Do background first, then large center areas, followed by a narrow brush to define edges, then brush in hairs, whether human or mane! For large areas with little detail, you can "scrub" the brush...this works great if you are using lighten and darken modes instead of normal. Scrub in a back and forth motion, changing direction as the picture itself changes direction, following the main outlines of the pic.

Eyes: On people, use a small brush for eyes, of course, alternating between lighten and darken settings for different parts of eye. Put eyelashes on by drawing dark eyeliner with a tiny brush, then smudge brush out in a curve from the dark line with tiny brush set to darken or normal mode. Remember to reduce brush opacity to keep the lashes looking natural. You can use the smudge brush for this on any photo touch up... not just when smudge painting a picture. Here is a pic where I added eyelashes to someone who didn't have any at all! [url]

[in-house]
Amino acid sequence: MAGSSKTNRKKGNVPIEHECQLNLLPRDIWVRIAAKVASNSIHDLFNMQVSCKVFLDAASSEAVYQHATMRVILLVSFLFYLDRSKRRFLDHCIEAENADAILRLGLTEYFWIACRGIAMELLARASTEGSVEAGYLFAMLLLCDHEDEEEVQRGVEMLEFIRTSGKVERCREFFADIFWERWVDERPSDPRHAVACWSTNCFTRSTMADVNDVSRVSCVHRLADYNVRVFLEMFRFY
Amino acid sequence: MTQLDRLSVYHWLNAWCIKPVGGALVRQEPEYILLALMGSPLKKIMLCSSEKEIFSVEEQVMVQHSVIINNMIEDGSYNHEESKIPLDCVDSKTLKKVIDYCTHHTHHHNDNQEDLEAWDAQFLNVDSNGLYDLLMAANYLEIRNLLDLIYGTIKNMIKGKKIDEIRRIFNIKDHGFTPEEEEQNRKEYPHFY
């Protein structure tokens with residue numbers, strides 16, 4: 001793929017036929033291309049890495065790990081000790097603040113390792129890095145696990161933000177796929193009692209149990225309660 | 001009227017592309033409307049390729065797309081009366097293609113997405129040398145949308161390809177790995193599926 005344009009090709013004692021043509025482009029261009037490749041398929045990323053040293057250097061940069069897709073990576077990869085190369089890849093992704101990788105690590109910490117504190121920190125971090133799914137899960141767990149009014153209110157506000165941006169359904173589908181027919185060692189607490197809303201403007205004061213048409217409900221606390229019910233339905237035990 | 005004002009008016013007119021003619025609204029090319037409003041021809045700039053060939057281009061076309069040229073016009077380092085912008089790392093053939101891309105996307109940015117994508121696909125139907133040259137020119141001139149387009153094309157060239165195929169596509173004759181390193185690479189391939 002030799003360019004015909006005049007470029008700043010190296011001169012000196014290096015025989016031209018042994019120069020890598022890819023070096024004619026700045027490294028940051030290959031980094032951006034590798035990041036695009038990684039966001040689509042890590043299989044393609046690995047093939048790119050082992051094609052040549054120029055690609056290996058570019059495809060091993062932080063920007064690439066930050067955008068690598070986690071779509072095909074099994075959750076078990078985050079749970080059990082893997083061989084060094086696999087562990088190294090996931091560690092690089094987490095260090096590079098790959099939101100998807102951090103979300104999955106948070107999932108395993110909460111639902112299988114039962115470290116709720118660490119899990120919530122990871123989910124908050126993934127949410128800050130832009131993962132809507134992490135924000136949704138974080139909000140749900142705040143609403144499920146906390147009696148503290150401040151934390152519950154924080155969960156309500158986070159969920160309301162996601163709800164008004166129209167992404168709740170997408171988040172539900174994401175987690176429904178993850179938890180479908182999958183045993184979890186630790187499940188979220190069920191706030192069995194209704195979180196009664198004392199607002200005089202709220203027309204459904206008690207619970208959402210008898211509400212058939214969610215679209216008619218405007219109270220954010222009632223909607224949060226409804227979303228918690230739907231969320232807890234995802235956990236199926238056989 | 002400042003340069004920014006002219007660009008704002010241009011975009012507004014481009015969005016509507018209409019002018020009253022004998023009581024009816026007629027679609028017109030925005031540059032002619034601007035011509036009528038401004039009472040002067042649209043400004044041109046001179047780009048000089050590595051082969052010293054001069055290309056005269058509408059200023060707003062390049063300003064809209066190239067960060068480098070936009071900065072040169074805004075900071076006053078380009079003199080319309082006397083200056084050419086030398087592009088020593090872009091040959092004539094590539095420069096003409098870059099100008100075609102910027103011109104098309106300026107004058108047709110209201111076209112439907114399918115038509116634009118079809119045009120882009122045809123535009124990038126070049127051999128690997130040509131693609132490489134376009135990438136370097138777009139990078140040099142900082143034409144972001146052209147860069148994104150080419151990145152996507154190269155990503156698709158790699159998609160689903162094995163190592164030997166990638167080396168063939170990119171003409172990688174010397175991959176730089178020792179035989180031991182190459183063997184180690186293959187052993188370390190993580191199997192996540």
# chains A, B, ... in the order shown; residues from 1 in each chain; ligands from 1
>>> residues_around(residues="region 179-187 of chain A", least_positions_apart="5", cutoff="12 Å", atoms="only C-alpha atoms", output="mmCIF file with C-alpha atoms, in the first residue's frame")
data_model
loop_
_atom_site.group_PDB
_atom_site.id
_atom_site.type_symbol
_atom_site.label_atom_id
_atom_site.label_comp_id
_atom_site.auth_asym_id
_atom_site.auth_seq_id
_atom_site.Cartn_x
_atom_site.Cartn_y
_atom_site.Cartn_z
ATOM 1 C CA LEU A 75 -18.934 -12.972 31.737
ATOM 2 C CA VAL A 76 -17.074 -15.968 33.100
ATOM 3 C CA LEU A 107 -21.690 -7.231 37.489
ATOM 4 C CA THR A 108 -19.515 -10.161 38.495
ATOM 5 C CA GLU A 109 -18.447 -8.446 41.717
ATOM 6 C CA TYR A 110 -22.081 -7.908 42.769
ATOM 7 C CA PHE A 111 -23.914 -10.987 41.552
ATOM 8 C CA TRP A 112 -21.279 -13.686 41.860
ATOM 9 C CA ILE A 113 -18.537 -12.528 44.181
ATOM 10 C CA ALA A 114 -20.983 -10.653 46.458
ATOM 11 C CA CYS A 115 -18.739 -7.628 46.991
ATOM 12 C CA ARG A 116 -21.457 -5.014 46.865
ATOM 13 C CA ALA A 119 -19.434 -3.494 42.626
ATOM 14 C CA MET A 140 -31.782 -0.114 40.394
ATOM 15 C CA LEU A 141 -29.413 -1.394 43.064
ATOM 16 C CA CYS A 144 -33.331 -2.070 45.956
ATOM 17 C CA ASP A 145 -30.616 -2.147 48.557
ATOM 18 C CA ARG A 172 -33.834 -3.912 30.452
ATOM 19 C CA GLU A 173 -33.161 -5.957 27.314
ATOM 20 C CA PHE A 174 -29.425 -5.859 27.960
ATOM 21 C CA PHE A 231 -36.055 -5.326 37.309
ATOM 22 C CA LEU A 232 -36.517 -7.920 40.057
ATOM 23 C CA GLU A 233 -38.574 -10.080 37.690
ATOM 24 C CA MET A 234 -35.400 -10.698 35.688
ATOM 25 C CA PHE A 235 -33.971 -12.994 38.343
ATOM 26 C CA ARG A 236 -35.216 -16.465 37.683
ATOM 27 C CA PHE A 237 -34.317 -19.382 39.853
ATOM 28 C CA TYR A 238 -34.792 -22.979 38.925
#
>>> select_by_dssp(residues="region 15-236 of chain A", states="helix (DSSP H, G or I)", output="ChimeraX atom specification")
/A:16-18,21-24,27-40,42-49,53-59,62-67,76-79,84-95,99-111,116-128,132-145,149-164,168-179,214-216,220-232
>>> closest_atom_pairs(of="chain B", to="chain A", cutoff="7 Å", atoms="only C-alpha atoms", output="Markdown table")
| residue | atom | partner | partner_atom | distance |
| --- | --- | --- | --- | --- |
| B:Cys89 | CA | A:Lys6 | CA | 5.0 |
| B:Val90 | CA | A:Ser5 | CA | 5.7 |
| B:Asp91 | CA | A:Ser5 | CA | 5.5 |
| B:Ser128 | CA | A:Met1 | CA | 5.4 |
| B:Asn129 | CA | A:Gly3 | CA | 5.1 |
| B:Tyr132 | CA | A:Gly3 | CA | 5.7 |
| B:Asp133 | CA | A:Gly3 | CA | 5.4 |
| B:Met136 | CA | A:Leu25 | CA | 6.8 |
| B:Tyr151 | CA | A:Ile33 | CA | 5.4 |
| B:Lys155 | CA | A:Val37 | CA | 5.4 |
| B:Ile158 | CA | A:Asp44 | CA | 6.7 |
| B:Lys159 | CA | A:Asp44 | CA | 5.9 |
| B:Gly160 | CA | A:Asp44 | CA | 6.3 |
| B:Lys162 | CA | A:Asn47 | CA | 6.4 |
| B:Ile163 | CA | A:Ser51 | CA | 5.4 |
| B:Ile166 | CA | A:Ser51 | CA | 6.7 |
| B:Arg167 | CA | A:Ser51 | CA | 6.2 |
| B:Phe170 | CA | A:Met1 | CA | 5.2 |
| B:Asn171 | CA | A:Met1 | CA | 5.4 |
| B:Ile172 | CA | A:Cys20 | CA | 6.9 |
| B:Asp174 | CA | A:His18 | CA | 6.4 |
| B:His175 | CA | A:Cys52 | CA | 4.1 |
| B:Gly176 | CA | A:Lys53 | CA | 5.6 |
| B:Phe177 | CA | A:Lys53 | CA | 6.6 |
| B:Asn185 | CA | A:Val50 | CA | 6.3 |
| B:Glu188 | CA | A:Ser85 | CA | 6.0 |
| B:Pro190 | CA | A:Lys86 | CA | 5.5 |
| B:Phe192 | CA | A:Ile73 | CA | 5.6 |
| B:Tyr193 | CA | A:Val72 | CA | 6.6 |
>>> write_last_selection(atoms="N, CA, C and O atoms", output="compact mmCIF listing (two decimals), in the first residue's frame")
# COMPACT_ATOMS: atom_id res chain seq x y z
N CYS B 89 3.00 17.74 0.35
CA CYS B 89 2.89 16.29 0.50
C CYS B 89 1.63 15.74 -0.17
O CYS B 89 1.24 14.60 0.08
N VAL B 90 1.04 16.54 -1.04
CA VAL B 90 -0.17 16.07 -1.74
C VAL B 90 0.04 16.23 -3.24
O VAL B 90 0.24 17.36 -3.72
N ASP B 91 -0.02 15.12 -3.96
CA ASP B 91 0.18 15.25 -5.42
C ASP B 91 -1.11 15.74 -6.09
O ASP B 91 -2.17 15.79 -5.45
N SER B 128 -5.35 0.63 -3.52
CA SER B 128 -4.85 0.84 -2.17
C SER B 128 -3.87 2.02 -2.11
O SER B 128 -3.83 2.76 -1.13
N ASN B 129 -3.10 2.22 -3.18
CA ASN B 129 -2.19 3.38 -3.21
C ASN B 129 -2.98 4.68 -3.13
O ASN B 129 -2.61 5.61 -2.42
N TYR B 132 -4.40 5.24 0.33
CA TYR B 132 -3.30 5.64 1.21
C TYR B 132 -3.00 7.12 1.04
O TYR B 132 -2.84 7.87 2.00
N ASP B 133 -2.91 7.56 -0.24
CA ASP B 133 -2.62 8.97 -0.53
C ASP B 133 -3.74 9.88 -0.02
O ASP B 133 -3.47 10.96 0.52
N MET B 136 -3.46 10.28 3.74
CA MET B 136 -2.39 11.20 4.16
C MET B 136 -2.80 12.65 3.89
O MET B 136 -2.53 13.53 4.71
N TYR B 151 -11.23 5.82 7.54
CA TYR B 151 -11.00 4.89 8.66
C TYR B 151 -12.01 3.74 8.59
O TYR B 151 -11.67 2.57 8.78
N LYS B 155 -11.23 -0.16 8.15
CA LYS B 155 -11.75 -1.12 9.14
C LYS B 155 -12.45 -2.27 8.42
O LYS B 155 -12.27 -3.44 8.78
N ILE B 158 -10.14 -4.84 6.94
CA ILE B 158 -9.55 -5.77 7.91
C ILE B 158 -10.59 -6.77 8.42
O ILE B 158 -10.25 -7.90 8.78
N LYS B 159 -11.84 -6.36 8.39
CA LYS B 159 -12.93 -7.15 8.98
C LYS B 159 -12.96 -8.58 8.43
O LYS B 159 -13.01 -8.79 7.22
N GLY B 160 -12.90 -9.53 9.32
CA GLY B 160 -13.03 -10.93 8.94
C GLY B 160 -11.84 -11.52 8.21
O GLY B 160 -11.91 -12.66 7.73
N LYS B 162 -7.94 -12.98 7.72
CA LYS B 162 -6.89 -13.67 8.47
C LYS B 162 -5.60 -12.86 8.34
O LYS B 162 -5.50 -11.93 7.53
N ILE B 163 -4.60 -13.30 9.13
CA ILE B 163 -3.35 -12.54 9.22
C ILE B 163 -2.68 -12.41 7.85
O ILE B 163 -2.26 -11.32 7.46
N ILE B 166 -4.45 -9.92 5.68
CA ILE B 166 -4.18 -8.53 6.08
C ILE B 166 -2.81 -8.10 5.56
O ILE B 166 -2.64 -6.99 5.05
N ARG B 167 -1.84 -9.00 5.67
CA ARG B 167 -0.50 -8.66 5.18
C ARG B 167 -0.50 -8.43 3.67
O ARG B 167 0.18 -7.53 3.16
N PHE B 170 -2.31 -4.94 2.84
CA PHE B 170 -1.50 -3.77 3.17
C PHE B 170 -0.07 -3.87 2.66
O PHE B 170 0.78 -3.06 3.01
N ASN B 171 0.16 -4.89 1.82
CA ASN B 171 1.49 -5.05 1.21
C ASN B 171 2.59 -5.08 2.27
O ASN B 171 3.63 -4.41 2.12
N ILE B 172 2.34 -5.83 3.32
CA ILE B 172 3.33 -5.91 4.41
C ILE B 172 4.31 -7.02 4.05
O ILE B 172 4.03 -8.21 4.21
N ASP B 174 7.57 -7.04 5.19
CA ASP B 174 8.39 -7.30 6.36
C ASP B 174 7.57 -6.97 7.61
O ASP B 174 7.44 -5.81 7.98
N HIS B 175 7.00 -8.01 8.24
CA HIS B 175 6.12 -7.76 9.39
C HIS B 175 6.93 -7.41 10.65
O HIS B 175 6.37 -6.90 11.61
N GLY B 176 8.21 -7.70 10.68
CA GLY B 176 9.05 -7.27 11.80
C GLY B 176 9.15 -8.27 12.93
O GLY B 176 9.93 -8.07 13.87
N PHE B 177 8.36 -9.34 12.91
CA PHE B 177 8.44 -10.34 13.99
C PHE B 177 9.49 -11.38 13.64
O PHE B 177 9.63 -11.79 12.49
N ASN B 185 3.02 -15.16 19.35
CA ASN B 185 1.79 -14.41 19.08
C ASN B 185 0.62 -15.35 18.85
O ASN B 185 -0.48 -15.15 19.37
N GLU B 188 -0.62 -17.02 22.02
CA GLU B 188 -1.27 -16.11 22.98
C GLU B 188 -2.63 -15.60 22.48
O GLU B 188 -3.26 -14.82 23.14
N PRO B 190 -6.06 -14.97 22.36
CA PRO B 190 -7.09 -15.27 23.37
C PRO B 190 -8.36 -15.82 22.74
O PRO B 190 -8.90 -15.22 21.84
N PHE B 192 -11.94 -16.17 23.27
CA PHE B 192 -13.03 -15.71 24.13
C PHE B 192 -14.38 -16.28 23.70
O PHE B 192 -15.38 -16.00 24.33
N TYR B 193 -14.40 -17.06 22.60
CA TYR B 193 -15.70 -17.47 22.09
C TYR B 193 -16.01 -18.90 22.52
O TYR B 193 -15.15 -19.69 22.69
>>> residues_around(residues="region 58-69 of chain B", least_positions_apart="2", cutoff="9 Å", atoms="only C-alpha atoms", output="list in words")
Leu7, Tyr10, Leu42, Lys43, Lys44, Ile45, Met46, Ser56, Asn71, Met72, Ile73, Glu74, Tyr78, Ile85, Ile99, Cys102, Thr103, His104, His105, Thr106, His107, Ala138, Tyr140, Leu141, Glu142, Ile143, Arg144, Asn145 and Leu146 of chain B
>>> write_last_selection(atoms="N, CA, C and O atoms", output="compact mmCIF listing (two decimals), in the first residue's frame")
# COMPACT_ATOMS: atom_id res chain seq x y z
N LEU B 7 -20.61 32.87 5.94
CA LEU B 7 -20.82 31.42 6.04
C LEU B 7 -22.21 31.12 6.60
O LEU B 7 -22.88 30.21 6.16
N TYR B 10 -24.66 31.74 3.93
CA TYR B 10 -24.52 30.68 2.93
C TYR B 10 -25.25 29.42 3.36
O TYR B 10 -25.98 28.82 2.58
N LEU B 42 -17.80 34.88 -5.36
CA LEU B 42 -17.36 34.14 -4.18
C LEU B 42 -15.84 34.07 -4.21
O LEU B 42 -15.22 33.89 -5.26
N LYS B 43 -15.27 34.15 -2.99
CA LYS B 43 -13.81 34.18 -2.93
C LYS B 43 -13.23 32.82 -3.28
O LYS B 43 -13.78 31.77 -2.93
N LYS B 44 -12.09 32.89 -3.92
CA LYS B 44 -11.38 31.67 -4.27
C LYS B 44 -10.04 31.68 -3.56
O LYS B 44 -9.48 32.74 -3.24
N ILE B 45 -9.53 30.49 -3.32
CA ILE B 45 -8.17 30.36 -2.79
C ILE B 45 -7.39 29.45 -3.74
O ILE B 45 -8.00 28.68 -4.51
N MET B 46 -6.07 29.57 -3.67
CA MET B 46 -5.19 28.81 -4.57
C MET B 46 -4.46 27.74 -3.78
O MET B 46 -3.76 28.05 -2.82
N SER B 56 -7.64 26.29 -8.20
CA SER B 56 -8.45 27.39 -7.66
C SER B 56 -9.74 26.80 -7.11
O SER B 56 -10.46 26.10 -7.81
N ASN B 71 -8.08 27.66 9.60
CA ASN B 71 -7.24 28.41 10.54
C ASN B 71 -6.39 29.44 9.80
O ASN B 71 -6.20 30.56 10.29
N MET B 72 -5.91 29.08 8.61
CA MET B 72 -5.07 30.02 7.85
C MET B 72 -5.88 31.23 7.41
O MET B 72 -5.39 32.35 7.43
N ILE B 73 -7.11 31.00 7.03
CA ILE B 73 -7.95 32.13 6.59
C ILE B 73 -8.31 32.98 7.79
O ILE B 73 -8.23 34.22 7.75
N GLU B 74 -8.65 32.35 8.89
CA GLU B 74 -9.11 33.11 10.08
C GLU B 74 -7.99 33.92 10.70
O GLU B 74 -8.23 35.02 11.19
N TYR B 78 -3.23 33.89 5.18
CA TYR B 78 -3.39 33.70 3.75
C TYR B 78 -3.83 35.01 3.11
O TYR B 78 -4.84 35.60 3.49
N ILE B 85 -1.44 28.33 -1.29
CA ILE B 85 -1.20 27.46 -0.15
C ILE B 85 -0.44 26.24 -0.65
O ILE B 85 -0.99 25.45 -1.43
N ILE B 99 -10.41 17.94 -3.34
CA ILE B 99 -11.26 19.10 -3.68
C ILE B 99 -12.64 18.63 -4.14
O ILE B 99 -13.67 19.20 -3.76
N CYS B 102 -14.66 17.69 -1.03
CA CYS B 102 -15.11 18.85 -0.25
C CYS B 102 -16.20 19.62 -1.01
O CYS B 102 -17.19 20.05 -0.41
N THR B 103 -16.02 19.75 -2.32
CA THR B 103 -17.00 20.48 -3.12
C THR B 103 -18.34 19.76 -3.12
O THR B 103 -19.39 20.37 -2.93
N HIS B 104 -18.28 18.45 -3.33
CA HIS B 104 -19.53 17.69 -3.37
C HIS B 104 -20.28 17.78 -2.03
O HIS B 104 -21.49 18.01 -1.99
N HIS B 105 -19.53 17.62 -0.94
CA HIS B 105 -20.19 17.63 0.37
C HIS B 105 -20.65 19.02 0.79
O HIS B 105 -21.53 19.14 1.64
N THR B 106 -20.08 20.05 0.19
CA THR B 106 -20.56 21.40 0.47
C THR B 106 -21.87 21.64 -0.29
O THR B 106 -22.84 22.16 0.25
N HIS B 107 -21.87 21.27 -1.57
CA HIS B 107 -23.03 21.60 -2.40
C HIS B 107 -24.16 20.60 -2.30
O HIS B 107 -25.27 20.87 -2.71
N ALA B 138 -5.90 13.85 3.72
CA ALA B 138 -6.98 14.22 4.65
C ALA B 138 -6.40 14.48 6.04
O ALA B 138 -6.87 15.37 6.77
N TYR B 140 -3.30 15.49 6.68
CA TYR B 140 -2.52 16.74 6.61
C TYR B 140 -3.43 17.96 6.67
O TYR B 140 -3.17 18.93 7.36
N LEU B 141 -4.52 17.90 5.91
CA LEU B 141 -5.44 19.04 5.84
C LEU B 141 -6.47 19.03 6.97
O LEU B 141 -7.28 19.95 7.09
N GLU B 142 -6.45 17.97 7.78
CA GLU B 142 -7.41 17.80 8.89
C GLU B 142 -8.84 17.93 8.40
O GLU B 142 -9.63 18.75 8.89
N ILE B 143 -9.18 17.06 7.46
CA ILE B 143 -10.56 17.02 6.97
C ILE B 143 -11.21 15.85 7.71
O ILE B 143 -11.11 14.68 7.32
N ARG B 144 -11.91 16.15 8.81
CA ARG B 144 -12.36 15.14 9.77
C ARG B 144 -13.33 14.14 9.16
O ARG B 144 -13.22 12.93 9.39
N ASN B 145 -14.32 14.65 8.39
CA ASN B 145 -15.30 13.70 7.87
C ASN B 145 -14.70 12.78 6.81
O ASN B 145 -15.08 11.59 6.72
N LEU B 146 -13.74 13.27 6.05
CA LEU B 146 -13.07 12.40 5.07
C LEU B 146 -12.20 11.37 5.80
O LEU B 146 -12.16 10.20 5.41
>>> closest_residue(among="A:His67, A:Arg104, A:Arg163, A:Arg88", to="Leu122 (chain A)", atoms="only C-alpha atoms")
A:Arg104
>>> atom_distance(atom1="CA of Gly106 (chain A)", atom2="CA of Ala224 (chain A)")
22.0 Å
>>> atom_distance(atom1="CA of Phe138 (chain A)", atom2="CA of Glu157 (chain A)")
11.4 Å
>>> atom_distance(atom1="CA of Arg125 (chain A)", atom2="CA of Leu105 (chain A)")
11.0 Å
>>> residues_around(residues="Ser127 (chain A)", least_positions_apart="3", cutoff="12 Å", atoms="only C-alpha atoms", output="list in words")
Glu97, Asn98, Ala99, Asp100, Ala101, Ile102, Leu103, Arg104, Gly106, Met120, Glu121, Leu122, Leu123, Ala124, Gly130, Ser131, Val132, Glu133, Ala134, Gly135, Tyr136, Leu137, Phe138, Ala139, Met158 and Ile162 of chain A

Save the hair areas for last. Don't scrub on hair, but pull smoothly and quickly to follow the shape of the hair. This is the fun part! Keep your undo button handy... some strokes will go astray!

After smudging the whole picture, I adjusted levels and color, then used a fuzzy burn tool set to shadows on areas I wanted to accent more as "lines", such as grooves between hair smudges where contrast wasn't sufficient. Then I used a fuzzy dodge tool set to highlights over the areas I wanted to bring out and accent, again to increase contrast locally to define hair etc.